(In The Sun’s eyes) Beckham went from being Public Enemy #1, to a national hero, and The Sun’s adulation came to a climax in 2002, when they printed a photograph of Beckham’s injured right foot for the public to kiss, and pray he would be fit for the World Cup. Beckham wasn’t fit in time; but he played anyway, and so began the period of English football that irks me so much: David Beckham played for England, whether or not he was fit, in form, or playing for his club. Never before have I seen anything like this in International football, and I doubt I will again.

People will no doubt argue that Beckham possesses 2 lethal weapons capable of destroying any team: his crossing ability, and his free-kicks

Before David Beckham, taking a corner was not an art-form; it was simply a part of a game of football. Chris Waddle, Ryan Giggs, Darren Anderton, in fact any winger worth their salt, could put in a decent corner that could provide a goal. This is because corner-taking relies on more than one person. Football is not a static game. Without players attacking the ball during corners, the offensive team would rely on the ball simply bouncing onto their heads and sailing into the net. Therefore, the movement of the players in the box is just as important as the corner-taker himself.

During Beckham’s 115 caps for England, he crossed for the following people: Alan Shearer, Teddy Sheringham, Tony Adams, Sol Campbell, and John Terry; some of  the best headers of the ball ever to play for England. In addition to these aerial threats, there were the likes of Michael Owen, Robbie Fowler, and Andy Cole, natural goalmouth-predators, ready to convert any knockdowns. Had Beckham played with team-mates of lesser talent, I think he would have far less assists to his name.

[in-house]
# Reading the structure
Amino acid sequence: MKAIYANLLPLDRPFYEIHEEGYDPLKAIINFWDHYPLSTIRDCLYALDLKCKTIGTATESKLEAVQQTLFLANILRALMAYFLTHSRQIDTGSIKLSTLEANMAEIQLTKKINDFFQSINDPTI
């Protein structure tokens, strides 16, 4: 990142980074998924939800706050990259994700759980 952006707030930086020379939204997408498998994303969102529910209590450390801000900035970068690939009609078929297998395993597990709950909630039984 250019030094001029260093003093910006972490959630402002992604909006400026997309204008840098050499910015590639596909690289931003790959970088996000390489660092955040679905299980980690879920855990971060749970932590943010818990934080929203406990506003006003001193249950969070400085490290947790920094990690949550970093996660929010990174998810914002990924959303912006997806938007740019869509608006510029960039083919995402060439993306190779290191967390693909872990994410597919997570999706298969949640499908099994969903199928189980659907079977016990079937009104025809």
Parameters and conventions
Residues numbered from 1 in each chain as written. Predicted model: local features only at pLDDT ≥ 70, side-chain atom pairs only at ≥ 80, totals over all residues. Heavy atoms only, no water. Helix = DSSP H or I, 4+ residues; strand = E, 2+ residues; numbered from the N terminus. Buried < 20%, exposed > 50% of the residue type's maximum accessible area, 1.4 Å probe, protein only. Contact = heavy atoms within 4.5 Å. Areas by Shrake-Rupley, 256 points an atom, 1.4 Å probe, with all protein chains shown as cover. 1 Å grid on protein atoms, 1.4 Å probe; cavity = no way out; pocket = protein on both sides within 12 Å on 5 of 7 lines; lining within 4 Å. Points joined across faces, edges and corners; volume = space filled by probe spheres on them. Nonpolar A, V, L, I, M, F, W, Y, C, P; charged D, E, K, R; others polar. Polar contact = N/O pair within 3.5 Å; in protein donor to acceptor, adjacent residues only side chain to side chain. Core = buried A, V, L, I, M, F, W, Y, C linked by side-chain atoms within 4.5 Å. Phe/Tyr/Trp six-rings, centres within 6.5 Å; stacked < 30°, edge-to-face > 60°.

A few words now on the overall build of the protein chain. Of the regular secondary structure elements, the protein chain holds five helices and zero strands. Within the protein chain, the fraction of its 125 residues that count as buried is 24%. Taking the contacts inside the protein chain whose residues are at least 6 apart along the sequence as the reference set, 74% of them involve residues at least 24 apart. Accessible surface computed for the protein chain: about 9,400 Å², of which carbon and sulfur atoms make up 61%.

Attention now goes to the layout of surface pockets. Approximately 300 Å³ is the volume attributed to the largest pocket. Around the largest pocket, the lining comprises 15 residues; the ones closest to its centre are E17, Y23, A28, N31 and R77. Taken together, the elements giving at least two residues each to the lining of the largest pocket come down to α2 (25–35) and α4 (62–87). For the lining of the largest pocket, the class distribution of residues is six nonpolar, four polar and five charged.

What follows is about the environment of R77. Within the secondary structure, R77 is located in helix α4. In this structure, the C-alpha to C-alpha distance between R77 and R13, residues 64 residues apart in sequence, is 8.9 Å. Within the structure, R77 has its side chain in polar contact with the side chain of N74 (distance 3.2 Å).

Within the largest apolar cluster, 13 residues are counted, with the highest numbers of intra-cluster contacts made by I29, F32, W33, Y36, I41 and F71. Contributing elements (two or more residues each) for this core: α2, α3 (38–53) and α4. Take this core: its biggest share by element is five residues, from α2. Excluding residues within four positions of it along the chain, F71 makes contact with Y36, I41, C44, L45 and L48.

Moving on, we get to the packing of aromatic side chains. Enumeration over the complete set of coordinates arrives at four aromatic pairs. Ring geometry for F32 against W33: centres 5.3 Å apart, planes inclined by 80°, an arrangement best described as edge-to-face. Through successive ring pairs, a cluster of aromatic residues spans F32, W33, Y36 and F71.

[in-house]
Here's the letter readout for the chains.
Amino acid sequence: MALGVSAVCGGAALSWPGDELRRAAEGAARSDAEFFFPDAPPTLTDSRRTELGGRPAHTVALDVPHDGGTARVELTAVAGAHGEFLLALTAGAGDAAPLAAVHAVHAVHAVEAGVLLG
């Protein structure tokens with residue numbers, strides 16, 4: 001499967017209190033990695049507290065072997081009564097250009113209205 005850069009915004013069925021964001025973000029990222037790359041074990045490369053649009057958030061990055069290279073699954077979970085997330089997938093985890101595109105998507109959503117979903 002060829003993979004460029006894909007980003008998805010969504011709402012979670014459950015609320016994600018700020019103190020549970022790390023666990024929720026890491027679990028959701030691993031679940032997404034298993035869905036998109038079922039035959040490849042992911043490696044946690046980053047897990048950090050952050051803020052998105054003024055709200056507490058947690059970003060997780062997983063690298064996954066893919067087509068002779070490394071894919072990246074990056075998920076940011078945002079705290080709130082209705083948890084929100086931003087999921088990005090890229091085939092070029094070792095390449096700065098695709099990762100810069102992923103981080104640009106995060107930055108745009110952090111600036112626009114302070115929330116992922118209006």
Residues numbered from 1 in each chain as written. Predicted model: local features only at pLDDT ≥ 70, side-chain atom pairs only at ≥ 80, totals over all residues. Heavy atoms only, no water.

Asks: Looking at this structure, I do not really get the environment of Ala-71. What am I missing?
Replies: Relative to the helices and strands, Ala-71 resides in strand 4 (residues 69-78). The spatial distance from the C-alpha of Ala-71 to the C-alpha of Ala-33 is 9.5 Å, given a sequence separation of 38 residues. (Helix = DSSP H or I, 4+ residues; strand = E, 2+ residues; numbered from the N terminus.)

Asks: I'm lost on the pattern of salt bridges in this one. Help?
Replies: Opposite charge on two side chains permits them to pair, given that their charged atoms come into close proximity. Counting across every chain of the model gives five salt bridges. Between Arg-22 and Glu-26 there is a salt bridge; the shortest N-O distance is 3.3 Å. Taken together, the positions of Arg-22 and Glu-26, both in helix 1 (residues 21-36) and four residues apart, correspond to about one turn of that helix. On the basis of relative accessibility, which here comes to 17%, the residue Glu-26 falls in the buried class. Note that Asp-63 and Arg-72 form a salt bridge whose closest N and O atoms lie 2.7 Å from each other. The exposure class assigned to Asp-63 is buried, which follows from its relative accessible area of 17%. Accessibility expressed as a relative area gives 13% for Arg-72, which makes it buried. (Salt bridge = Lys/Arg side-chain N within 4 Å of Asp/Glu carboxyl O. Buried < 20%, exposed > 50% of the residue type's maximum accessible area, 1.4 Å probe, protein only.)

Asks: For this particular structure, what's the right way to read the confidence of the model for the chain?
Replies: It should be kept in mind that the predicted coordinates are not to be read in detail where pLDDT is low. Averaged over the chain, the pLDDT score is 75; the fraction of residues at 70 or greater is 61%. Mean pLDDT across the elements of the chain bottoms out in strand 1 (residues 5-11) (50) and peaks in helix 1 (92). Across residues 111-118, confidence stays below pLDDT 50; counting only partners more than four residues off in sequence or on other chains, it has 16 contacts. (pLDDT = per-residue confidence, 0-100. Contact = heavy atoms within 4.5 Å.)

I’m not criticising Beckham’s ability to put a decent cross into the penalty-box. He is as good as anyone at doing it; but during his England career, it became a case of ‘Ignore the goal-scorer; praise the provider’.

Now onto Beckham’s Free-Kick taking: something he has become celebrated for. Would it come as a surprise if I told you that, during his 115 games for England, Beckham has scored only 6 free kicks? And seeing as one of those was intended as a cross for Michael Owen, it really comes to 5. Bearing in mind that Beckham often took numerous shots at goal from free-kicks per game (in his legendary game vs Greece, he’d already missed 5 before converting), the stats are quite startling. If he only took one free kick shot per game, that means he scored once in every 23 attempts. In reality, it’s more like one in 60 conversions. Hardly worthy of a the tag ‘set-piece genius’, is it?

Whilst playing for England, particularly after being given the captaincy, Beckham utterly monopolised the free-kick taking. Despite having Gerrard and Lampard, both prolific free-kick scorers for their clubs, waiting in the wings, there was never any discussion, never any doubt about who would take the set-pieces.

It saddens me that Beckham will soon have as many England caps as Glenn Hoddle, Paul Gascoigne, and Matt Le Tissier put together (the latter is probably the greatest overlooked talent of all), and will almost certainly add to his tally during this year’s World Cup.

Maybe in time, people will forget all the hype and nonsense that surrounded Beckham, and look at his stats in the way I have here. Until that day, I’m afraid, the Beckham myth continues, full steam ahead.